Friday, April 30, 2010

Is the current Cannabis boom a replay of the 30's?

It was the best of rhymes it was the worst of rhymes....

Remember Jessica Rabbitts entrance in "Who Framed Roger Rabbit?" where she's sing that sultry song? The song in question is "Why Don't you Do Right?" by Kansas Joe McCoy.

The lyrics are plaintive but banal:

I fell for your jivin' and I took you in
Now all you got to offer me's a drink of gin
Why don't you do right, like some other men do?
Get out of here and get me some money too
Why don't you do right, like some other men do?
Like some other men do.

However the song was originally written in 1936 at the height of the depression and was titled "Weed Smoker's Dream." The refrain of the song's original narrator was smart, simple, and far from ordinary:

Sittin’ on a million
Sittin’ on it every day
Can’t make no money givin’ your stuff away
Why don’t you do now
Like the millionaires do
Put your stuff on the market
And make a million too

The message is clear: if Wall Street can plunge the nation into chaos as a result of its vicious and unstable business practices, shouldn't we be able to make some cash selling grass too? It's a question that's been getting a lot of media coverage these days and not without good reason. Everything old is new again including economic meltdowns.

Stoners have been around forever and the most creative of modern American taste-makers often paid homage to their green muse. In the 20's and 30's weed heavily influenced the creation of Jazz and popular music. Smokers were known as "vipers" and countless songs were written about pot's effect, commerce, and attendant culture. Most famously Fats Waller wrote and sang "If You're a Viper" otherwise known as "The Reefer Song" in which he pines:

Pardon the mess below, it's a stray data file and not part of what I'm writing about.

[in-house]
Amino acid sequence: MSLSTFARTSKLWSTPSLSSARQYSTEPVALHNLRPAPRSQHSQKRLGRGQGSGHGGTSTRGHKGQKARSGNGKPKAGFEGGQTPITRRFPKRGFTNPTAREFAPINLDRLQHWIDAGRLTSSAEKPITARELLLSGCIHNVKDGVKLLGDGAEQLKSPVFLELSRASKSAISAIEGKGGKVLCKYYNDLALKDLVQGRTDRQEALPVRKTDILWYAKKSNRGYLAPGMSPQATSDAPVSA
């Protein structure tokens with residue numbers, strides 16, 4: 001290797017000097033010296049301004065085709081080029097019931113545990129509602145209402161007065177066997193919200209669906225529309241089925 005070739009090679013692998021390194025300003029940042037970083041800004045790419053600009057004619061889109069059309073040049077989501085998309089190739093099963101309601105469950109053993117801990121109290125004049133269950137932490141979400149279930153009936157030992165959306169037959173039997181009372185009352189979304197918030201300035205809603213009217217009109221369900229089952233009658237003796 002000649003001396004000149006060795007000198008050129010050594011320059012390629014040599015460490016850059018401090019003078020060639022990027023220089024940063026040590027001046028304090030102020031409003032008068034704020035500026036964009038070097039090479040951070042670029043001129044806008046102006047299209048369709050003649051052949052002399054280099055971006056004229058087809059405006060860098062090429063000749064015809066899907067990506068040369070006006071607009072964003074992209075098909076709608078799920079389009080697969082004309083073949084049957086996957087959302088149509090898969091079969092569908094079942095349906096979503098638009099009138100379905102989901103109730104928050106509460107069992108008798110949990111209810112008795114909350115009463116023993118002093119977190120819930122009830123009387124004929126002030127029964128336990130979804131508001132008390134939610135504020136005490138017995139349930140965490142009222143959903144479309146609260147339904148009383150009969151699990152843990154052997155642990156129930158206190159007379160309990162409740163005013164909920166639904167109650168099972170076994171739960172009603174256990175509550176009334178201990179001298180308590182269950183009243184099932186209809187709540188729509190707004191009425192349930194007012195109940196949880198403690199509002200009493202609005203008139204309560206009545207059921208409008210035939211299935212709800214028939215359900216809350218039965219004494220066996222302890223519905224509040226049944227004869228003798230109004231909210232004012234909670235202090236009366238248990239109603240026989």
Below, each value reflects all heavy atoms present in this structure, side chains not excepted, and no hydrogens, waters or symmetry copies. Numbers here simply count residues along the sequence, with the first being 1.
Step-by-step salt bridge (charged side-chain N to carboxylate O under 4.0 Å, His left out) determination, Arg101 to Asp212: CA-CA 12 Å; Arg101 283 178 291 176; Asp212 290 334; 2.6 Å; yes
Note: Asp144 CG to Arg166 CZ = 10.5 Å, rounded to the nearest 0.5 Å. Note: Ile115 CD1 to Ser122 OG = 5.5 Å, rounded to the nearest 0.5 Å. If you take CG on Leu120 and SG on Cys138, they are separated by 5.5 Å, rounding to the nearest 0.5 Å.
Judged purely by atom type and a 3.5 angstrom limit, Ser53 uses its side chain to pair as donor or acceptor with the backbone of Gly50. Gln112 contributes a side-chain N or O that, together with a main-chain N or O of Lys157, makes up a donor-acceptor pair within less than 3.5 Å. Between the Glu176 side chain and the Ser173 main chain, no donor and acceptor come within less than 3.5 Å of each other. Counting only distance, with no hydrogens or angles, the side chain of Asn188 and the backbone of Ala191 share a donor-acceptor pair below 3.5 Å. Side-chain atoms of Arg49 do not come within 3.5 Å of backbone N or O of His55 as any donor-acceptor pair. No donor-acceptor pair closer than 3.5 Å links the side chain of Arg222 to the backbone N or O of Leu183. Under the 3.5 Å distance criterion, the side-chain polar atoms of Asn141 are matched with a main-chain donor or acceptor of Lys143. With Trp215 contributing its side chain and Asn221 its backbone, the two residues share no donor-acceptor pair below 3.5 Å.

Say I dreamed about a reefer five feet long,
A Mighty Mezz but not too strong
You'll be high but not for long
If you're a viper.

These songs from the 30's lovingly payed tribute not just to the high cannabis elicits, but also to Marijuana's power to act as an escape from personal hardships and the economic devastation that was sweeping the country at the time.

In perhaps the sweetest ode to marijuana of it's age, "Smoking Reefers," Buck Washington croons what could almost be a torch song to Cannabis:

Old weed cigarette that we must all depend on
Old weed once begin it and you're sure to end on
It's the kind of stuff that dreams are made of
It's the stuff that White folks are afraid of

Up in Harlem we go on
A Marijuana jag
Smoking reefers to get beyond the misery
Go away you misery
Go away go away
Smoking reefers to get beyond the worrying
Go away you worrying
go away go away

Must wake up to work in the morning
I must get by the broodin' at night
Aw, You can't change this world you were born in
But I declare
You can be walking on air
By smoking a reefer
You'll have the angels sing away
Helping you to fling away
You worries, your troubles, your cares

The same sentiment flows through Chick Webb's "When I Get Low I Get High"

My fur got stole
but, lord ain't it cold